Tuesday, December 9, 2008

Drupal: Making Life Easier with Installation Profiles

This is the first in a series of blog posts we'll be writing about Drupal, the open-source Web content management platform that I have come to know and love over the past year or so. If you have used Drupal, if you are evaluating different CMS solutions out there, or if you don't know what I'm talking about, read on and keep checking back for more posts about this popular and powerful community-driven software.

For this first post, I will skip over the question "What is Drupal?" and let you visit drupal.org to get some basic information for yourself. Once you have that, come on back...

OK. You're back. Let's get started.

So, what's the first thing you do with software? You install it. Right! This process for Drupal has a few requirements, which I will gloss over in this post, but if you've run any LAMP-based software, you should be good to go (see "Helpful Links" below). Now, whether you're new to Drupal or you've gone thru the installation process many (MANY) times, you should know that Drupal has a very helpful aspect built right into its core: Installation Profiles.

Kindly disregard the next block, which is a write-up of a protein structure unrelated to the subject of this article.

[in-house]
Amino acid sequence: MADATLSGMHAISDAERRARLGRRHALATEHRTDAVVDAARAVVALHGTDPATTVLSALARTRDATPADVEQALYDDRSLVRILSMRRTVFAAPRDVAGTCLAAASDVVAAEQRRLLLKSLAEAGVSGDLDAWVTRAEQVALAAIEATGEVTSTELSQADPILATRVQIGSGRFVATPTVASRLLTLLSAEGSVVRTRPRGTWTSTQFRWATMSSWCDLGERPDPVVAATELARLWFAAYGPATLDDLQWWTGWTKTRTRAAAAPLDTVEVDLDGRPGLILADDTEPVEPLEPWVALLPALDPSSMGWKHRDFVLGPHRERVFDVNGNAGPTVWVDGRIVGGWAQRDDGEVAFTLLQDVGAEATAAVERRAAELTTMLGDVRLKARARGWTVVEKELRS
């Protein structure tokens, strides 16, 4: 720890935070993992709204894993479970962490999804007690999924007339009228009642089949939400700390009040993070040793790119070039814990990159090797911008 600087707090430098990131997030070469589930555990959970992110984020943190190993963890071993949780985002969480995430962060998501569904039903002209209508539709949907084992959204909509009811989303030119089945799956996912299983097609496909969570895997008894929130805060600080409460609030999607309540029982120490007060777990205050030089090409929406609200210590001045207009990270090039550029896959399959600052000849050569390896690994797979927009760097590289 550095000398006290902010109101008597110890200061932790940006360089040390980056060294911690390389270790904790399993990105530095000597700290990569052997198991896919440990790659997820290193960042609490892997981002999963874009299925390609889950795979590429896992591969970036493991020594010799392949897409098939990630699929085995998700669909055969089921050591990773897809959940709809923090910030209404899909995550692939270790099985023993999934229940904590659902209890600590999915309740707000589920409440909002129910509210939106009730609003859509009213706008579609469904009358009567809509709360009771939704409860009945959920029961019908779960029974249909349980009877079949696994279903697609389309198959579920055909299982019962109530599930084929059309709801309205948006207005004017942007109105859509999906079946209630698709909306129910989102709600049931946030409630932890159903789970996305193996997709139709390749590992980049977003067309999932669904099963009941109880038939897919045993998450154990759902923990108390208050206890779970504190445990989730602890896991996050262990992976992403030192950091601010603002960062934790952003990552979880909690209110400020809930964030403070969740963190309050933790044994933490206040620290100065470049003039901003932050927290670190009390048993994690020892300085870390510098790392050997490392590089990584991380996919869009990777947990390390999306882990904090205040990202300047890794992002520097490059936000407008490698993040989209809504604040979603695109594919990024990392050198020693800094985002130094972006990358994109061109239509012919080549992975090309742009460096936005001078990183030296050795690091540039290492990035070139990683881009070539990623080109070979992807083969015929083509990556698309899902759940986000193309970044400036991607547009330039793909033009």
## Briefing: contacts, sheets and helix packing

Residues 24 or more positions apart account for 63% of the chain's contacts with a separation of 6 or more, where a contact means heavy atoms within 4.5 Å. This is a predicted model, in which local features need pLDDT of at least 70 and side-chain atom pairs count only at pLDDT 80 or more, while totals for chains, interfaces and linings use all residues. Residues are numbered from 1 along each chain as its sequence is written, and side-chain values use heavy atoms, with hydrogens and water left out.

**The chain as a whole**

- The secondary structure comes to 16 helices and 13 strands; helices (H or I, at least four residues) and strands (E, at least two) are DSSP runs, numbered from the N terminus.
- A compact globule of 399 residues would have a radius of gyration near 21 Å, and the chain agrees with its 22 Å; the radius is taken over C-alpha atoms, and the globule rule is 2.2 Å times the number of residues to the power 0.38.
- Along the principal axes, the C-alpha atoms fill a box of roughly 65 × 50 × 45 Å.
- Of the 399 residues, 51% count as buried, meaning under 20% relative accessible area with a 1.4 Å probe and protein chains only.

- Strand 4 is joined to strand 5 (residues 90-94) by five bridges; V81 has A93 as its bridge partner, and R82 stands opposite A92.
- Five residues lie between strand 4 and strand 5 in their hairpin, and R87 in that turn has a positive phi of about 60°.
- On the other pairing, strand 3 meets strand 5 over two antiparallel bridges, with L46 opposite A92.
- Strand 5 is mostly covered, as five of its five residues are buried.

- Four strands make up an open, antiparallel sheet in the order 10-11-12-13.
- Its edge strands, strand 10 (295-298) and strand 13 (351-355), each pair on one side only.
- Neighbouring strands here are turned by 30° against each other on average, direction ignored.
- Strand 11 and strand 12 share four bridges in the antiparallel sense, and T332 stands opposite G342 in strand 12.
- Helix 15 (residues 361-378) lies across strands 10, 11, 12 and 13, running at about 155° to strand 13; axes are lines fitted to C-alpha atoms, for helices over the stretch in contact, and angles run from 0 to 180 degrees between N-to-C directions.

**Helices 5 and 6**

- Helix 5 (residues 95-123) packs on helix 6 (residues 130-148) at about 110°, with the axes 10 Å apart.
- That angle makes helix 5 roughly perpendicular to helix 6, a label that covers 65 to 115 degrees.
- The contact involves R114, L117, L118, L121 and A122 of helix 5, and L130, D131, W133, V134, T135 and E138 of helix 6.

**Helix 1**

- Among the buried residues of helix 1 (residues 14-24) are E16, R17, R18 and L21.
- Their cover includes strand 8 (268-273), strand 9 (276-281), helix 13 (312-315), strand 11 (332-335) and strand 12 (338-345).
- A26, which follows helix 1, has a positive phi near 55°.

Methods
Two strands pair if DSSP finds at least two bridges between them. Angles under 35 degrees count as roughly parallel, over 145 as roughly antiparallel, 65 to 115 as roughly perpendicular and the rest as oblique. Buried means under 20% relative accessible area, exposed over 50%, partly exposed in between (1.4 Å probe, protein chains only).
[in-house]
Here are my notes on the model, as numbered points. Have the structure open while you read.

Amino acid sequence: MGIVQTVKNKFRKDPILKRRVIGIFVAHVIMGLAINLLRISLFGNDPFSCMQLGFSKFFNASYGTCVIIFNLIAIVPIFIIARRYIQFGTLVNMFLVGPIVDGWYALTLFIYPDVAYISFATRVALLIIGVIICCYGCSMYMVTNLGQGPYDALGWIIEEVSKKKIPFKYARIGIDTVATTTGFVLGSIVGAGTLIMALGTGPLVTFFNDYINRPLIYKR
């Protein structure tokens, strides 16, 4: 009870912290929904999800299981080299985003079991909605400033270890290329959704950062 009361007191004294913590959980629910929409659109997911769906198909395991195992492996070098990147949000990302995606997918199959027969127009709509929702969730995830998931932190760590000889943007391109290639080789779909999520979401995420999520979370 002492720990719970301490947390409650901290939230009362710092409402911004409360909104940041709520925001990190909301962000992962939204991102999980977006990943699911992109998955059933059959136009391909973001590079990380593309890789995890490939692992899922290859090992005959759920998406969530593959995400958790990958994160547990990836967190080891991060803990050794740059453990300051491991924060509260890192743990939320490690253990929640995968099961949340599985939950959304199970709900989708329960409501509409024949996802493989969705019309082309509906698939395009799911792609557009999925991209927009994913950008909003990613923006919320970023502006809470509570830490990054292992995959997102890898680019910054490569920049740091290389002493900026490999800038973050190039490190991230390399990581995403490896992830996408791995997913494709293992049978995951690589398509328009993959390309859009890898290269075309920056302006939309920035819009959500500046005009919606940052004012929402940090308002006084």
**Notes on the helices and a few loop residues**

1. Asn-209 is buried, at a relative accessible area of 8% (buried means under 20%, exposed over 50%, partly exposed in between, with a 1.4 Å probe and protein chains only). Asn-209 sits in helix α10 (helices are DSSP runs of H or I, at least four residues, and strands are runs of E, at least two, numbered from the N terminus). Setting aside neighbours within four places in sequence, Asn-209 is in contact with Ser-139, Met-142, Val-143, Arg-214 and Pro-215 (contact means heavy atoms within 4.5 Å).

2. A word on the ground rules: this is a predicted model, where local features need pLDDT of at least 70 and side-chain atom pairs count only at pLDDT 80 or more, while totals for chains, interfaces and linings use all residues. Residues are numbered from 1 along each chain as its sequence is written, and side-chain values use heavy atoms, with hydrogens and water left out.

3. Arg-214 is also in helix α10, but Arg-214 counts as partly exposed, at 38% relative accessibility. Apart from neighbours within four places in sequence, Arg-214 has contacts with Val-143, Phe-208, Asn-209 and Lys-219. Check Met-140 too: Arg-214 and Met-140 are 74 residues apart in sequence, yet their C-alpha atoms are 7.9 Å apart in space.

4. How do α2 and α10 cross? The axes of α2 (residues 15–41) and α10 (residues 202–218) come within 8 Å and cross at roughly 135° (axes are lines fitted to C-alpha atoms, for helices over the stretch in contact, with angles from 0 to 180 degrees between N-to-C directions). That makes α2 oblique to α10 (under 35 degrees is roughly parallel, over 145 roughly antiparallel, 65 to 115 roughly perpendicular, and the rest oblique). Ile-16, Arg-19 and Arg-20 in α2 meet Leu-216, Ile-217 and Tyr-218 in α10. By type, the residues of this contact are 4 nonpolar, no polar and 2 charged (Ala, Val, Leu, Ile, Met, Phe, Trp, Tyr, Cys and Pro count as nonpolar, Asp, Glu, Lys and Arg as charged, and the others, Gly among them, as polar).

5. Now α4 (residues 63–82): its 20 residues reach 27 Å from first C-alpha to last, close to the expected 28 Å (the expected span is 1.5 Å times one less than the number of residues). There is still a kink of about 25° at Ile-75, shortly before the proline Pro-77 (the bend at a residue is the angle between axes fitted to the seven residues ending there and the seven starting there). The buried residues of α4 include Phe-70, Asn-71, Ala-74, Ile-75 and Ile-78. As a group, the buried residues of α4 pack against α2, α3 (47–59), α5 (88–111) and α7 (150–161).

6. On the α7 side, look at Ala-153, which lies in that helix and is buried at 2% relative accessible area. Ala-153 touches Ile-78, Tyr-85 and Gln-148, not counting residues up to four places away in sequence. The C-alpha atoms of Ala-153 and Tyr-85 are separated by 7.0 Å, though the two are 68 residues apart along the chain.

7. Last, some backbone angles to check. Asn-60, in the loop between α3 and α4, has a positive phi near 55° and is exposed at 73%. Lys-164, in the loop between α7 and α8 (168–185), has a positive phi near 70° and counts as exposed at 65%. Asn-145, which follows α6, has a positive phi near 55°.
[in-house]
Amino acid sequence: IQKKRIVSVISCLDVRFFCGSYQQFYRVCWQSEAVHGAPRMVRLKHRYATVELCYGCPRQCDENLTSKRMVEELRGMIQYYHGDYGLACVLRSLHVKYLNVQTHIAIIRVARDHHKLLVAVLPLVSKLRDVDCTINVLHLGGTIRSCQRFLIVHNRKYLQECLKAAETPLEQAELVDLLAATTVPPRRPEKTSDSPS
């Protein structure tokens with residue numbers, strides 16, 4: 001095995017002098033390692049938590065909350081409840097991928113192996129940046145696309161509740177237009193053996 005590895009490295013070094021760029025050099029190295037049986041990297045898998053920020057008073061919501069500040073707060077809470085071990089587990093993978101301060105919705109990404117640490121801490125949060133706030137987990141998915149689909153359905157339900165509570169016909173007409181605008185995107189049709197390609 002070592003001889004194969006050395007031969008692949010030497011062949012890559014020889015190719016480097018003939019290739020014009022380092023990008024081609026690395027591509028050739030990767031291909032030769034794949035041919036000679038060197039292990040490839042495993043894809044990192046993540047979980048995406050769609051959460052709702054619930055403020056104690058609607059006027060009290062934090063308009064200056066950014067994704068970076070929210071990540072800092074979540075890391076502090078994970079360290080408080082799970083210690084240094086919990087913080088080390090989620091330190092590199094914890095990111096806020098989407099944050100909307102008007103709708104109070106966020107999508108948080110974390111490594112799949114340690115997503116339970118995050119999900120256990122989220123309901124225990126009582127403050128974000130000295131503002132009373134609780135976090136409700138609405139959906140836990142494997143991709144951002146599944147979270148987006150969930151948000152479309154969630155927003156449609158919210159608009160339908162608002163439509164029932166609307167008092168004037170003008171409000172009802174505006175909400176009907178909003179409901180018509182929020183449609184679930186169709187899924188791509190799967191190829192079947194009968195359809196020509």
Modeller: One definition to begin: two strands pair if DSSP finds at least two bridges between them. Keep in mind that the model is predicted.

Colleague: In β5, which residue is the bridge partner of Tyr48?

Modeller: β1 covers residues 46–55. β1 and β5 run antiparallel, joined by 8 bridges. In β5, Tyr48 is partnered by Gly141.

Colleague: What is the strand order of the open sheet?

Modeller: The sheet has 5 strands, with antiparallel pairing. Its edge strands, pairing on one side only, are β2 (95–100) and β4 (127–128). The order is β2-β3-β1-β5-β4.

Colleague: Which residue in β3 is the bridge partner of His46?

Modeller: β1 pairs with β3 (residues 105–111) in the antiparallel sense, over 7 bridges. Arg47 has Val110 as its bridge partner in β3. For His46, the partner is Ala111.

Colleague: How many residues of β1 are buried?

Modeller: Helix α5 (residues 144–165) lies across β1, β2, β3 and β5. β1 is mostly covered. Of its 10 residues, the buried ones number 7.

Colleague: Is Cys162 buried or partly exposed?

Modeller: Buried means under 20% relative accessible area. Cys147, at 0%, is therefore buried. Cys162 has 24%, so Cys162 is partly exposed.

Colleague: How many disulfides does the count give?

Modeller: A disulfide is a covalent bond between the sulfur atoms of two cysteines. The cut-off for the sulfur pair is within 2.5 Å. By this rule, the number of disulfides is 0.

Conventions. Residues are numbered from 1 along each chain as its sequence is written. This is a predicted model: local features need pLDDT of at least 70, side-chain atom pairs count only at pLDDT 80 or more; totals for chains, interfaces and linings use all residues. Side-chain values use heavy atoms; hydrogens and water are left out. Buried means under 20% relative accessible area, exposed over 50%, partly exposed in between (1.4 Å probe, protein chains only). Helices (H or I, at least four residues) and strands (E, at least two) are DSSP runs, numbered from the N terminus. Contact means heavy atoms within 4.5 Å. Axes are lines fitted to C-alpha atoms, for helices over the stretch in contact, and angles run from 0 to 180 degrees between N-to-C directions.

An installation profile "turns on" functionality and pre-configures a Drupal installation so that, instead of starting with a blank slate after install, you have a customized installation tailored to your needs and closer to being production-ready. For a developer, this is an ideal scenario - installation profiles help us eliminate redundancy in our work. Because, really, who wants to do the same ten or twenty tasks every time you start a new project? I sure as heck don't. Also, for a Drupal newcomer (welcome!), finding an installation profile can be helpful to jump-start your site.

Drupal has a directory of contributed installation profiles here. You may find a helpful profile in this list that fits the kind of site you want to build. However, if you don't find the perfect profile, or if you find one that's good but outdated, don't despair! Look for a similar profile, or go ahead and download the outdated one. Install Drupal using that profile, play around with it, and look at the list of modules used. From that pre-configured site, even if you don't end up keeping the installation, you will have an idea of the settings and modules you will want to use on your actual site.


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